Tension Pneumopericardium After Cardiac Surgery
A Rare but Lethal Problem
A 13-month-old girl who had no medical history uneventfully underwent patch closure of an atrial septal defect under mild hypothermic cardiopulmonary bypass. An immediately postoperative chest radiograph did not show any unusual findings (the Figure, A), and the process of weaning her from the ventilator was started. Just before extubation (6 hours after transfer to the intensive care unit), a sudden desaturation occurred, and a massive bloody secretion drained through the endotracheal tube. Echocardiography showed that the interventricular septal motion was slightly paradoxical, but ventricular contractility was normal. Chest radiograph revealed an unexpected massive pneumopericardium with bilateral pulmonary edema and pneumomediastinum with subcutaneous emphysema (the Figure, B). After a large amount of air was drained by mobilization of a pericardial tube, vital signs and arterial blood gas stabilized. Close observation of the patient with full sedation, diuretics, and decompression of the stomach did not detect the additional active air leak. Moreover, no laboratory abnormalities suggestive of infection were found. No further invasive workup was conducted. Extubation was performed on postoperative day 3, and an oral diet was begun on postoperative day 4. During oral feeding, no clinical or laboratory evidence of esophageal leak was evident. A chest computed tomography performed on postoperative day 7 revealed a patent major airway (the Figure, C) and no specific findings in the thoracic cavity. On postoperative day 9, the patient was discharged without any clinical evidence of injury in the major airway or esophagus, and a simple chest radiograph was unremarkable (the Figure, D).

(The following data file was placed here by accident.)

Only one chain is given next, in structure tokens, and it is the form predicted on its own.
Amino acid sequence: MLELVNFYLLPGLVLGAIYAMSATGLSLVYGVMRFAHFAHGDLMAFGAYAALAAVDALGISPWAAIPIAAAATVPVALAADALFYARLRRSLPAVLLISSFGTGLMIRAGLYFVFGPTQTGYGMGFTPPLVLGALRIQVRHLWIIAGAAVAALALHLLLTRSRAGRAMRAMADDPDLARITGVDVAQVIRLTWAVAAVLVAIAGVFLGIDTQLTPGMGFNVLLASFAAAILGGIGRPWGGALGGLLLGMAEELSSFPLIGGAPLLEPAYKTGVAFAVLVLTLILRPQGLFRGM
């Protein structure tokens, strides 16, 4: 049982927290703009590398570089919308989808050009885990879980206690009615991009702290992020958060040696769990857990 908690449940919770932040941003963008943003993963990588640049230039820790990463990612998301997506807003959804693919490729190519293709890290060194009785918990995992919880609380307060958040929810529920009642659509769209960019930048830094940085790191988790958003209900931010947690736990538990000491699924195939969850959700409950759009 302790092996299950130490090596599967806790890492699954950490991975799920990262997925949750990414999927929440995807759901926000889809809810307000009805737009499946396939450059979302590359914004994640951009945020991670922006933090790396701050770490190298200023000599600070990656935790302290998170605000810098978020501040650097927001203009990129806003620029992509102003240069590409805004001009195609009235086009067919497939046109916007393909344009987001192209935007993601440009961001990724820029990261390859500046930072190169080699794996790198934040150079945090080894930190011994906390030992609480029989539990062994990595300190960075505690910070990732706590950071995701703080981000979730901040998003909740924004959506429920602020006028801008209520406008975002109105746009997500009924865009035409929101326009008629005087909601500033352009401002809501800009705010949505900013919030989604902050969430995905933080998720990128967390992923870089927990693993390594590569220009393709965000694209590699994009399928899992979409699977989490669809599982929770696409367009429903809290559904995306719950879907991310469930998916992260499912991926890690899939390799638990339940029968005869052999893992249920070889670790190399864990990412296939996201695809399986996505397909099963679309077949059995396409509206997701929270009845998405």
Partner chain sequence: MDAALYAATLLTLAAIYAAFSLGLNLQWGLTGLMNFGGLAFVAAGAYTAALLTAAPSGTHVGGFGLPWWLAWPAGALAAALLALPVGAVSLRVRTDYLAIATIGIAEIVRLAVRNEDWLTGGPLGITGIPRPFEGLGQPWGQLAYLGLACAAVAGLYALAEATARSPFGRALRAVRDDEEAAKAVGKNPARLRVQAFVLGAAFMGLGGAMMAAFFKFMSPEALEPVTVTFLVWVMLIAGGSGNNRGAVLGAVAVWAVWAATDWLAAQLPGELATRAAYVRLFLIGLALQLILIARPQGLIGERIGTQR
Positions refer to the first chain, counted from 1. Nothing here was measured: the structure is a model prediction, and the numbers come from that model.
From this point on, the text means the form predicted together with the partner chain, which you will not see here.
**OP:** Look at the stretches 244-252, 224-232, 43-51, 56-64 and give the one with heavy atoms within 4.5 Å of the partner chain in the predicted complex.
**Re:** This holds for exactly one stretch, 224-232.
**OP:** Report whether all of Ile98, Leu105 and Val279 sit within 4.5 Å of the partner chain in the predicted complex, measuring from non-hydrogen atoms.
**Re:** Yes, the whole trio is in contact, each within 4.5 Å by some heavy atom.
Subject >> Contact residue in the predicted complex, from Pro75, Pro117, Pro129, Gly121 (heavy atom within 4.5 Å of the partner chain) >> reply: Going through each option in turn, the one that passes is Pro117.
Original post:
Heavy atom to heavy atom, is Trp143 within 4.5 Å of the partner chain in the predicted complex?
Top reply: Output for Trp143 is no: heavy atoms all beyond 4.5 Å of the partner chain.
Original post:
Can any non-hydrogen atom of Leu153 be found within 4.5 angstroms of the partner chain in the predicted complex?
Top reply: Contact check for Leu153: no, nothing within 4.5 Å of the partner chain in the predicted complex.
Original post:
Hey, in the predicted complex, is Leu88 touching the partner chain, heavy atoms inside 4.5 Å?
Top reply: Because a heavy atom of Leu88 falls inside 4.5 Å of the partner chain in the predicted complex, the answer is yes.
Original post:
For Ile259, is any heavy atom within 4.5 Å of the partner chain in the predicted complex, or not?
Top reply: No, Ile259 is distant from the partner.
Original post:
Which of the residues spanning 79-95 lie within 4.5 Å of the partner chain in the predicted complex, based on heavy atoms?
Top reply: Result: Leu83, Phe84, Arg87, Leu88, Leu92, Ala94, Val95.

Tension pneumopericardium is uncommon and is caused mainly by mechanical ventilation in infants or by trauma.1 Although the mechanism of tension pneumopericardium is not fully understood, it can occur without injury of the major airway or esophagus. Since tension pneumopericardium developed during weaning from the mechanical ventilator in our case, it is considered to have been a possible mechanism in the present case that air from alveoli was disrupted as a result of elevated alveolar pressure, dissected the pulmonary hilum, and entered the pericardial cavity. Additionally, inadequate pericardial drainage also may have played a role in the development of tension pneumopericardium.
Although tension pneumopericardium rarely occurs, especially after cardiac surgery, it can be lethal. Therefore, smooth weaning from a mechanical ventilator must be achieved after cardiac surgery, and adequate pericardial drainage must be ensured.